Guidance

Get someone to deal with customs for you

How you can hire a person or business to deal with customs for you.

Getting help

You can hire a person or business to deal with customs for you, such as:

  • freight forwarders
  • customs agents or brokers
  • fast parcel operators

You can use the list of customs agents and fast parcel operators to help find someone to deal with customs for you.

What they can do for you (and who will be liable) depends on:

  • the services they provide
  • what you want them to do
  • the commercial agreement you have with them

They can act for you either as a:

  • direct representative
  • indirect representative

They cannot act on your behalf without written instructions from you. The instruction must show whether they’re acting for you directly or indirectly. HMRC will only ask for evidence of the authorisation if we need it.

They’ll need to be established in the UK.

Freight forwarders

Freight forwarders move goods around the world for importers.

A freight forwarder will arrange clearing your goods through customs. They’ll have the right software to communicate with HMRC’s systems.

You can find out how to use a freight forwarder on the British International Freight Association and Institute of Export websites.

Customs agent or broker

Customs agents and brokers make sure your goods clear through customs.

Find a list of customs agents and fast parcel operators.

Fast parcel operators

Fast parcel operators transport documents, parcels and freight across the world in a specific time frame. They can deal with customs for you, as part of their delivery.

Find out about the other services fast parcel operators provide on the Association of International Courier and Express Services website.

Before you get help

You’ll need:

  • evidence of the goods you’re importing or exporting, for example invoices or contracts
  • evidence of any goods you intend to import or export, for example invoices or contracts
  • a description of the goods you import or export
  • for any goods which are restricted, you must ensure you have the appropriate licences or certification
  • to check the goods you intend import are eligible if you’re using simplified declaration processes
  • your EORI number

You’ll need to check with the person or business doing customs for you whether you need to provide anything else.

You’ll need to confirm in writing the terms and conditions of your representation and keep a copy of this agreement for your own records.

Get someone to act directly

You can hire a person or business to act in your name. You’ll be solely liable for:

  • keeping records
  • the accuracy of any information provided on your customs declarations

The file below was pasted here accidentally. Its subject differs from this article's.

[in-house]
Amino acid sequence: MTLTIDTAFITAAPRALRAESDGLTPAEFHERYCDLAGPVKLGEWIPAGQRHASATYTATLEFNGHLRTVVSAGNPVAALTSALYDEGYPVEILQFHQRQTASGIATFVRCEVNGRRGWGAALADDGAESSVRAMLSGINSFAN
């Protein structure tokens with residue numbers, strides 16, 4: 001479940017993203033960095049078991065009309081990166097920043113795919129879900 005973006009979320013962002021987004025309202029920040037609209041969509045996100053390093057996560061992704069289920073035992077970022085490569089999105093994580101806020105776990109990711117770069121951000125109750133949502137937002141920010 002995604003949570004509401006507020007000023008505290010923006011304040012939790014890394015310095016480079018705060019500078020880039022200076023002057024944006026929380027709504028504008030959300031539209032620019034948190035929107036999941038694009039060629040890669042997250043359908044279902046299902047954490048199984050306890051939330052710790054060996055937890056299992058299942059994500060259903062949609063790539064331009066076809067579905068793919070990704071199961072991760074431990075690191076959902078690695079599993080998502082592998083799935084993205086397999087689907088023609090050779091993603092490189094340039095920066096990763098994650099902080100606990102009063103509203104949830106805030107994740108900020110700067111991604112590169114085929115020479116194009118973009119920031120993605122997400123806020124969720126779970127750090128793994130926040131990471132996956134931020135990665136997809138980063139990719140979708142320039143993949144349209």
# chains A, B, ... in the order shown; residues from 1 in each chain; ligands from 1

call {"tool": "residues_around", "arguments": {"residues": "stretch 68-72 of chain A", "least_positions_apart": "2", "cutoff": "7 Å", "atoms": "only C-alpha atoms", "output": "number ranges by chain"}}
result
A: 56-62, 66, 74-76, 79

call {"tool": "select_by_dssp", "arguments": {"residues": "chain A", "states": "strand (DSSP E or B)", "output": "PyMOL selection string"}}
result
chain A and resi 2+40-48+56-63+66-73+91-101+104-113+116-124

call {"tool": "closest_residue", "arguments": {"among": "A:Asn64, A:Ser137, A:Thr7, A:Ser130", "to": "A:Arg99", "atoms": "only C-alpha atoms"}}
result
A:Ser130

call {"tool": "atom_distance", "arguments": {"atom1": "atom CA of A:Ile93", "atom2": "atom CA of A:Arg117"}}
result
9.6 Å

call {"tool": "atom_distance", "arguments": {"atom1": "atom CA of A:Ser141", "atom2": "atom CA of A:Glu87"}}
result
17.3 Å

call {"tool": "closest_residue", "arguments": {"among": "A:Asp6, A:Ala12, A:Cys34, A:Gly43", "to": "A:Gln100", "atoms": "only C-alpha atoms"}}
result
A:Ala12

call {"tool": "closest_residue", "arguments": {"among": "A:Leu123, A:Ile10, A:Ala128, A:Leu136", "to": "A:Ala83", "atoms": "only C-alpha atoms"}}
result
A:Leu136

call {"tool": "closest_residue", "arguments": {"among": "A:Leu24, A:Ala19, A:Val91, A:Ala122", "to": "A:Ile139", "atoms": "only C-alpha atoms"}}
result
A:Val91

• any Customs Duty or import VAT due

But if you give clear instructions and they make a deliberate or unreasonable error, they may become jointly and severally liable.

You can ask someone to act directly if you hold authorisation and are declaring goods for:

  • inward processing
  • outward processing
  • temporary admission
  • end-use relief
  • private customs warehousing

If you hold authorisation for either simplified declaration procedures or entry in the declarant’s records, you can ask someone to act in your name.

If you’re established in the UK and import goods into Great Britain (England, Scotland and Wales) you can ask someone to act directly using their own authorisation, to make declarations using:

  • simplified declaration procedure
  • entry in the declarant’s records

The person representing you directly and making declarations in your name will not be held jointly liable.

You should agree with the person dealing with customs for you if you need to have a duty deferment account to make payments or if they’ll use their own.

Get someone to act indirectly

You can get someone to act for you in their own name, this means they’re:

  • equally responsible for making sure the information is accurate
  • jointly and severally liable for any Customs Duty or import VAT

If they have authorisation, you can get an indirect agent to make declarations using:

  • simplified declaration procedures
  • entry in the declarant’s records

If you’re not established in the UK and import goods into Great Britain (England, Scotland and Wales) you can only ask someone to act indirectly on your behalf.

You should agree with the person dealing with customs for you if you need to have a duty deferment account to make payments or if they’ll use their own.

You cannot ask someone to act indirectly if you’re declaring goods for:

  • inward processing
  • outward processing
  • temporary admission
  • end-use relief
  • private customs warehousing
Published 12 January 2019
Last updated 27 April 2021 + show all updates
  1. Added clarification that when someone is representing you directly and making declarations in your name (in set circumstances), they will not be held jointly liable.

  2. If you’re established in the UK and import goods into Great Britain (England, Scotland and Wales) you can ask someone to act directly using their own authorisation, to make declarations using either simplified declaration procedure or entry in the declarant’s records.

  3. From 1 January 2021, someone dealing with customs for you will need to be established in Great Britain or Northern Ireland.

  4. First published.